In the cave Peștera cu Oase has been found remains of a human (Homo Sapiens) that lived over 40 000 years ago. These are the earliest found remains of modern people in Europe. After that, the territory of today’s Romania was the home of stone age hunters, who lived there in about 8 000 BC. At that time, the inhabitants had the ability to make bronze tools and later on they upgraded to iron. The people who inhabited these lands were called Dacians. Later on, many waves of migrants came to Romania. The Huns came in the 5th century, later in the 6th the Avars, in the 7th the Slavs.
The middle ages
In the middle ages, Romania was separated in three principalities – Wallachia, Moldavia and Transylvania. In the 11-th century, Transylvania had become an autonomous part of the Kingdom of Hungary. Most of the Hungarian migrants from the 5-th century were settled there. In the 14th century, the other two principalities (Wallachia and Moldavia) would emerge to fight the Ottoman Empire threat. By the middle of the 16th century, the entire Balkan peninsula and most parts of the three provinces had fallen under Ottoman suzerainty. If you are interested in the history of Romania or the world, in general, you can compare universities online, and study this subject in greater detail.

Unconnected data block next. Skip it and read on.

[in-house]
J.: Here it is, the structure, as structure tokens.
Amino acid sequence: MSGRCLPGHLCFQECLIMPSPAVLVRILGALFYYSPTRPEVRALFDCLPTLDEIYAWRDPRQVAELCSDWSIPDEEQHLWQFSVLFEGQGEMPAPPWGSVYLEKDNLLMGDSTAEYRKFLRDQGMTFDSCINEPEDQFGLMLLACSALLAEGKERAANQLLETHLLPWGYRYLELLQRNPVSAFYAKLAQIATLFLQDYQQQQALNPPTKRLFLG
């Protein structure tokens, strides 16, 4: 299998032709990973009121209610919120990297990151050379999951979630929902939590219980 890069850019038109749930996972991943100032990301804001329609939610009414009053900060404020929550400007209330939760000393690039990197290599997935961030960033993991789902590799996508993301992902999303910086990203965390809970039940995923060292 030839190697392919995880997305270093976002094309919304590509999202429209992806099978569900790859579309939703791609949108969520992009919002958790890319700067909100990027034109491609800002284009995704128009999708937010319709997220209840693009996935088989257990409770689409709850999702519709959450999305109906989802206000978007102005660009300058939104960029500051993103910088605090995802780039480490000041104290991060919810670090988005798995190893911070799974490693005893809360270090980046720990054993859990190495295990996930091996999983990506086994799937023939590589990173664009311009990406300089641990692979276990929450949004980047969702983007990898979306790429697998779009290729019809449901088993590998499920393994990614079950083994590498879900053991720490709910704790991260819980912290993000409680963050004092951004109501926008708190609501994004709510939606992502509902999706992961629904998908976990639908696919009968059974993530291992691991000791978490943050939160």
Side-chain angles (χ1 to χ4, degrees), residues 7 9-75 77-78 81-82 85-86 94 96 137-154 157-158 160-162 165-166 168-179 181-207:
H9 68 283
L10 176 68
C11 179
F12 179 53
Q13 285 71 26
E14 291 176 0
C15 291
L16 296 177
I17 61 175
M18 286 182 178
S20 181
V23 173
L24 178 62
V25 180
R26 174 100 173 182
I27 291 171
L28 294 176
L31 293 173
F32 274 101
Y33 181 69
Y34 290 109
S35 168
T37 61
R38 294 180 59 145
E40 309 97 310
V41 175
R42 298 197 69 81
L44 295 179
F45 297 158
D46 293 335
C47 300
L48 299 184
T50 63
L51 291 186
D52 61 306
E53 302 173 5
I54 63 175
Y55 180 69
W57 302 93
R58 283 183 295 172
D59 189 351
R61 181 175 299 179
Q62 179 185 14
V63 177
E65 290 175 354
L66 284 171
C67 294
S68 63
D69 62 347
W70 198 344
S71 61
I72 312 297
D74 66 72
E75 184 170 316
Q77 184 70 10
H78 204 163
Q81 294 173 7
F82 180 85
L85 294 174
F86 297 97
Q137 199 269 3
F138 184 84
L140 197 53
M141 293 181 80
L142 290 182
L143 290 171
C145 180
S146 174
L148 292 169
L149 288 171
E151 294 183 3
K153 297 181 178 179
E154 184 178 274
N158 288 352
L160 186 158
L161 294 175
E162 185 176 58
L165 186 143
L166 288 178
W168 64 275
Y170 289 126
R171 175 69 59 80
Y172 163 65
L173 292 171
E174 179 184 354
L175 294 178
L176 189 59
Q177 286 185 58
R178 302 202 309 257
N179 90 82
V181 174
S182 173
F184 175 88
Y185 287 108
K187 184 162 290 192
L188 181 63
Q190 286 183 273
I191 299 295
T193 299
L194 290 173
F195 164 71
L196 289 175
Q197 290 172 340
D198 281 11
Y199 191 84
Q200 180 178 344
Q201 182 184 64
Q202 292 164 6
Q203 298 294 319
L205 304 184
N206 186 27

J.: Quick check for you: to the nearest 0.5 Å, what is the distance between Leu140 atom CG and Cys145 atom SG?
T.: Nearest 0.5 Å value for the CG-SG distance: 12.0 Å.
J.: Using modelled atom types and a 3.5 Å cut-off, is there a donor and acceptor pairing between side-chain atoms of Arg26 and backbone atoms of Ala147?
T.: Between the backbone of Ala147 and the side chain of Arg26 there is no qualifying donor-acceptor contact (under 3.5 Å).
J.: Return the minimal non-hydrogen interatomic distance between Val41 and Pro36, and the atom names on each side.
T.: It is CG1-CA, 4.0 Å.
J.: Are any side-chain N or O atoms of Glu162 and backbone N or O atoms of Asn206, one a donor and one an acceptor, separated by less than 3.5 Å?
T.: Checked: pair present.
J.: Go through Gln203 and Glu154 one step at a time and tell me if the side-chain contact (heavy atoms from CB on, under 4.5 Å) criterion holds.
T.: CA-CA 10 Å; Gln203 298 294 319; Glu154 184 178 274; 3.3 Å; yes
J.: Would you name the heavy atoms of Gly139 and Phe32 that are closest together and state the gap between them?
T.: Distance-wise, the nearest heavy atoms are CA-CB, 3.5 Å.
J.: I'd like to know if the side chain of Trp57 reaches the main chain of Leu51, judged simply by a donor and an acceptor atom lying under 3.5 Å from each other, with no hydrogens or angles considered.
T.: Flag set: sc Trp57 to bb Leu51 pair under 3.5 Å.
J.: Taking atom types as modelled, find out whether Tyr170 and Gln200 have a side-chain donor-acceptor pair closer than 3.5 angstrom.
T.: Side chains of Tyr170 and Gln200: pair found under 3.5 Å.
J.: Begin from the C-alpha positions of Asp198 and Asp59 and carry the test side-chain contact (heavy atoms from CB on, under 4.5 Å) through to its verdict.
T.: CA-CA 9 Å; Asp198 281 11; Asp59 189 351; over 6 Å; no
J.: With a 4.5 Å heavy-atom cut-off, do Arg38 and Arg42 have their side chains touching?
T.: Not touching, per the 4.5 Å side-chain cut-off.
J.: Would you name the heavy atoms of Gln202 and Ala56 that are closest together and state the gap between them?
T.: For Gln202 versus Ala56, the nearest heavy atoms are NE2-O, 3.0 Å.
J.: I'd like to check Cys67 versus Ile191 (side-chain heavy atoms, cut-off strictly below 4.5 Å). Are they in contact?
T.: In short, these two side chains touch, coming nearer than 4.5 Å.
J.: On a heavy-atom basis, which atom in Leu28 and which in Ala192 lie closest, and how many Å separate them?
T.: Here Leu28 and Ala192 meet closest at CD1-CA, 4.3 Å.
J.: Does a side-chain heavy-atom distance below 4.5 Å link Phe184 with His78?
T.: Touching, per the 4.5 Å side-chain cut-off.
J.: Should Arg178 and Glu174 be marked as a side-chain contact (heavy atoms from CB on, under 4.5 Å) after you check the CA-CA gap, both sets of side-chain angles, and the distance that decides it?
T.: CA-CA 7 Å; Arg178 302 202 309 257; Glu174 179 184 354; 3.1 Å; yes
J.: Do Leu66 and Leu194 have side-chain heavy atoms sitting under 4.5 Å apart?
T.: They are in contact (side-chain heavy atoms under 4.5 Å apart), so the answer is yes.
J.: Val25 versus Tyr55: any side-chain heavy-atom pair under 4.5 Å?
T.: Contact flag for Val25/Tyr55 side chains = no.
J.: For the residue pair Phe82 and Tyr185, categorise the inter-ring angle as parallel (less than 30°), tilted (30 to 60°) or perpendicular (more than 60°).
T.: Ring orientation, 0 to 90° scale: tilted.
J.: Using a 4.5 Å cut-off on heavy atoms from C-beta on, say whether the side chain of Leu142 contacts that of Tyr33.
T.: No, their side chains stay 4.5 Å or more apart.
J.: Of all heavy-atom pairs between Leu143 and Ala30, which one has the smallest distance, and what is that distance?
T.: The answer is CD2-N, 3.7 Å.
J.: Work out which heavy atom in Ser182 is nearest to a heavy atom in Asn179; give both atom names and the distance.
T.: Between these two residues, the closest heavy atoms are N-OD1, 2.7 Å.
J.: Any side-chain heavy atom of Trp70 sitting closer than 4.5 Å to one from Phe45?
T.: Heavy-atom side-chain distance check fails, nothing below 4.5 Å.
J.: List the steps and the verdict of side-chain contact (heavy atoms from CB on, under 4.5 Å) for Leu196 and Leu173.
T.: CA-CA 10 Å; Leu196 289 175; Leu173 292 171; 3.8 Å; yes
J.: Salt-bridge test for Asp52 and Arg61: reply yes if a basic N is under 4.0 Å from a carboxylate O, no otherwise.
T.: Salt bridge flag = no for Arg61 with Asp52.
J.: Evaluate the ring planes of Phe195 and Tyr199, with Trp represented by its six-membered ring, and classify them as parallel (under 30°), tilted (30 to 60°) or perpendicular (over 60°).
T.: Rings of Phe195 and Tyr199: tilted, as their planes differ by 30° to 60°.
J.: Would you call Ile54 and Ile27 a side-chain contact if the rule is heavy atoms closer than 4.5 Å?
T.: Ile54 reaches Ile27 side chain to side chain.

Modern day Romania
Romania was under Ottoman suzerainty until May, 9-th 1877/1878, when it gained its independence. During World War I, Romania stayed neutral for the first two years, and later they joined the “Triple Entente”. In World War II, Romania had also remained neutral, until the Soviet Union gave an ultimatum that implied the threat of invasion. Later Romania was prompted to join the other side in the conflict – “The Axis” powers. Following the second world war, Romania had been occupied by the Soviet Union and was under the communist government. Later came the 1989 Revolution, which marks the new beginning in Romanian history.